However, because of having to go through metal detectors at City Hall and being held up, few were allowed to speak during the public session of the meeting. Council President Jack Surrency announced that a public meeting will be held on the topic at a later date.

Tensions have been running in the city after a video went viral of Reid putting his hands up before officer Braheme Days, who is Black, fatally shot Reid. Days claimed he saw a gun in the glove compartment of the vehicle Reid was riding in.

Protesters say that while they were on their way to the City Council meeting, they were detained by police and given summonses. One woman said hers was scheduled for the same day as the next City Council meeting. Another woman, Felicta Cox, said during the public session that there is a fear of police in the community among Black men.

“Look around the room,” Cox said, according to reports. “Our young Black men are afraid to come out and speak because they’re afraid they’re going to get locked up.”

Another woman called what happened to those protesting who wanted to speak “harassment,” with others saying their constitutional rights were violated.

Bridgeton Mayor Albert Kelly vowed that he will meet with anyone who has concerns about violence in the city.

Meanwhile, more is being learned about Reid’s relationship with law enforcement. Reports indicate that he had a lawsuit against Cumberland County involving assault allegations. At the time of his death, Reid was seeking $100,000 from the Cumberland County Department of Corrections over allegations that in 2009, he was punched, kicked and pepper sprayed and had a bucket of cold water poured on him while in a county jail cell.

Reid said that because of fears of retaliation, he told a nurse that he was beaten by other inmates. He suffered broken ribs, a fractured left orbital bone and nerve damage to his face.

Political Uproar in Trinidad and Tobago, Scandal Takes a Heavy Toll

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By Tony Best
Special to the NNPA from the New York Carib News

It was reminiscent of the “night of the long knives” and when it was all over, political blood was spilled all over the place in Trinidad and Tobago when Prime Minister Kamla Persad Bissessar wielded her cabinet axe.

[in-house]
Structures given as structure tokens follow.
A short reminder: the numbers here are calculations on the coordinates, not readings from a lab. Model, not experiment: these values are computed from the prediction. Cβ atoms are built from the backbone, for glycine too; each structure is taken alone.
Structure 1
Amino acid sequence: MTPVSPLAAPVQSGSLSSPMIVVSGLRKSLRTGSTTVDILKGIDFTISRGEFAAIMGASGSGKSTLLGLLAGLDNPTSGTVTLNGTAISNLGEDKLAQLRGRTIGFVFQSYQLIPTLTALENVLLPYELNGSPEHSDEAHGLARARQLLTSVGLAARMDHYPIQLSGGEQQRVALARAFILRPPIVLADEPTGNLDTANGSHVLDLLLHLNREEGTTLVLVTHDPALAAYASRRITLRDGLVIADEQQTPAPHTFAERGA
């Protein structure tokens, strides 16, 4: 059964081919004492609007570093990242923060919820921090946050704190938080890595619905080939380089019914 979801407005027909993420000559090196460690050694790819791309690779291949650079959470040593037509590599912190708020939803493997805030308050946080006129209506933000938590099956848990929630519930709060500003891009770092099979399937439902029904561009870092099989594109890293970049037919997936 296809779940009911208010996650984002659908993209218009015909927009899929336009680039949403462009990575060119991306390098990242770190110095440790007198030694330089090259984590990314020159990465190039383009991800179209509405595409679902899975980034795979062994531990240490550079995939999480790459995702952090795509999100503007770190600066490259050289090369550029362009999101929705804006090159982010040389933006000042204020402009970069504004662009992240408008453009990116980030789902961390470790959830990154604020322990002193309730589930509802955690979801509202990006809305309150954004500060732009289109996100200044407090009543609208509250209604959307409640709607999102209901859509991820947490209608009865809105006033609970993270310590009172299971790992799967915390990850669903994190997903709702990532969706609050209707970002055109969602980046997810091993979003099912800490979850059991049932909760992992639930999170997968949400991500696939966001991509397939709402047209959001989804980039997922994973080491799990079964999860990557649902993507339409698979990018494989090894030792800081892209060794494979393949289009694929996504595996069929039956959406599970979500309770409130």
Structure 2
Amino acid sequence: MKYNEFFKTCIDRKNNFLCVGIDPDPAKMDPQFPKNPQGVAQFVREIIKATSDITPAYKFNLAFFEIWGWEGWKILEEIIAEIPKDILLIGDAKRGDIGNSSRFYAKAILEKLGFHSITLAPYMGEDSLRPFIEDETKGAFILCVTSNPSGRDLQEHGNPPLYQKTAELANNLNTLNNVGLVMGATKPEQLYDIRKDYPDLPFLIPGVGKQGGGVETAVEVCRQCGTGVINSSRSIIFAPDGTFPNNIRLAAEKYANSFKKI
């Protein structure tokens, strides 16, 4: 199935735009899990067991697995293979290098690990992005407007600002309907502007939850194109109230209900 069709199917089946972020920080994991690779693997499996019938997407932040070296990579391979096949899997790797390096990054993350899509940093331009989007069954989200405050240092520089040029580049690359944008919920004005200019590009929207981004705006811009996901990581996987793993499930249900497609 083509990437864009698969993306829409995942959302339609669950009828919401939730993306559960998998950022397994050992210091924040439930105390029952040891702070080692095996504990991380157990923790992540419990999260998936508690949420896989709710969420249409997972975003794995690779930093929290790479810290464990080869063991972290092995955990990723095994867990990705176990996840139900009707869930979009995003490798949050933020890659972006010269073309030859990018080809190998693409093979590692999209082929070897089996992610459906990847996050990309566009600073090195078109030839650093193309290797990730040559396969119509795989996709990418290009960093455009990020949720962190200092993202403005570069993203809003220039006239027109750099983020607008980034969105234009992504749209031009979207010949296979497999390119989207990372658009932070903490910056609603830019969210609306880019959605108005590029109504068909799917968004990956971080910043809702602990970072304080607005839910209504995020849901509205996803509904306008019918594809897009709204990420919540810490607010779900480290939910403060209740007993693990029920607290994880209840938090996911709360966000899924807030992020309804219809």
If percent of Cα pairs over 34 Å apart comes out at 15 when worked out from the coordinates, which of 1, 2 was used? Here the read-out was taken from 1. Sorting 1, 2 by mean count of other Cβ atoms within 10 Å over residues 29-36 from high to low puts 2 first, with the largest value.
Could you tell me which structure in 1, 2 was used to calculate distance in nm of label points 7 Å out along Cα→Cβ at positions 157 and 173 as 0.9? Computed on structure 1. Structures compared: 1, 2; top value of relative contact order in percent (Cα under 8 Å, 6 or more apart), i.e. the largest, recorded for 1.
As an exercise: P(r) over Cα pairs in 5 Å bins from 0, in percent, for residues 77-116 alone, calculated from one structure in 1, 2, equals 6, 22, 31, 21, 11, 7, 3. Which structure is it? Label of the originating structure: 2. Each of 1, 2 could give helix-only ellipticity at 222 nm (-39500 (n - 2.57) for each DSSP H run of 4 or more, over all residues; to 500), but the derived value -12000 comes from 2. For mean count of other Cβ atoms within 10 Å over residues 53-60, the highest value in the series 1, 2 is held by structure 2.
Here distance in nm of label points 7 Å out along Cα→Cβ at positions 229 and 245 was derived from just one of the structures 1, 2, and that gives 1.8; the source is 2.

Gone from the cabinet are Attorney-General, Anand Ramlogan, and Minister of National Security Garry Griffith, both of whom were fired by the country’s leader in a 20-minute national broadcast as she attempted to stem the fall-out from a mushrooming scandal triggered by allegations that the Attorney-General might have been involved in an attempt to pervert the course of justice in the twin-island republic.

But the country’s embattled first female Prime Minister didn’t stop there with her bloodletting .She: Demanded the resignation of David West, Chairman of the Complains Authority for his role in the witness tampering investigation ordered by acting Police Commissioner, Stephen Williams. Sacked the President of the Senate, Timothy Hamel Smith and Justice Minister, Emmanuel George. Ousted the Minister in the National Security Ministry, Embau Moheni.

Lifted the responsibilities of the Sports Ministry from Rupert Griffith.

Switched Stacy Roopnarine from being Minister in the Ministry of the Infrastructure to the Ministry of Gender, Youth and Child Development.

Placed Prakash Ramadhar as head of the Ministry of legal Affairs; made Christine Nawal Hosein the new Minister of Social Development; appointed Brent Sancho, soca warrior footballer as the Minister of Sport.

Made Garvin Nicholas, a former High Commissioner (Ambassador) in London as the new Attorney-General and chose Carl Alfonso as the National Security Minister.

Interestingly, the Prime Minister disclosed that while she had asked for and received the resignation of Ramlogan, she fired Griffith when he didn’t hand in his resignation.

“I cannot and will not sit idly by while the office of the Attorney-General and that of the Minister of National Security and the head of the Police Complaints Authority are being compromised and brought into disrepute by such allegation that have warranted a police inquiry,” the Prime Minister told the nation.

Persad-Bissessar then called for a wide-spread independent probe into the affair which has shaken the government to the core. It was the fourth cabinet reshuffle since she became the country’s leader and with a general election expected to be held in a few months, the political temperate is rising as Opposition Leader as Dr. Keith Rowley insists the scandal and other events should be enough to force the Prime Minister to call the election sooner than most people thought she would.

“It should now be crystal clear to the citizenry of Trinidad and Tobago that the crime and criminality which have been plaguing our nation have now identified themselves at the cabinet door,” charged Rowley.

“This reshuffle for the nth time is a poor attempt to create a distraction, a diversionary tactic aimed at turning the population away from the real issue, the real scandalous issue which is the extended reach of allegations of criminal conduct within the cabinet and outward to others who are now scampering to find criminal defense lawyers, much as they did when the email-gate matter was exposed for investigation,” Dr. Rowley said.

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BVN National News Wire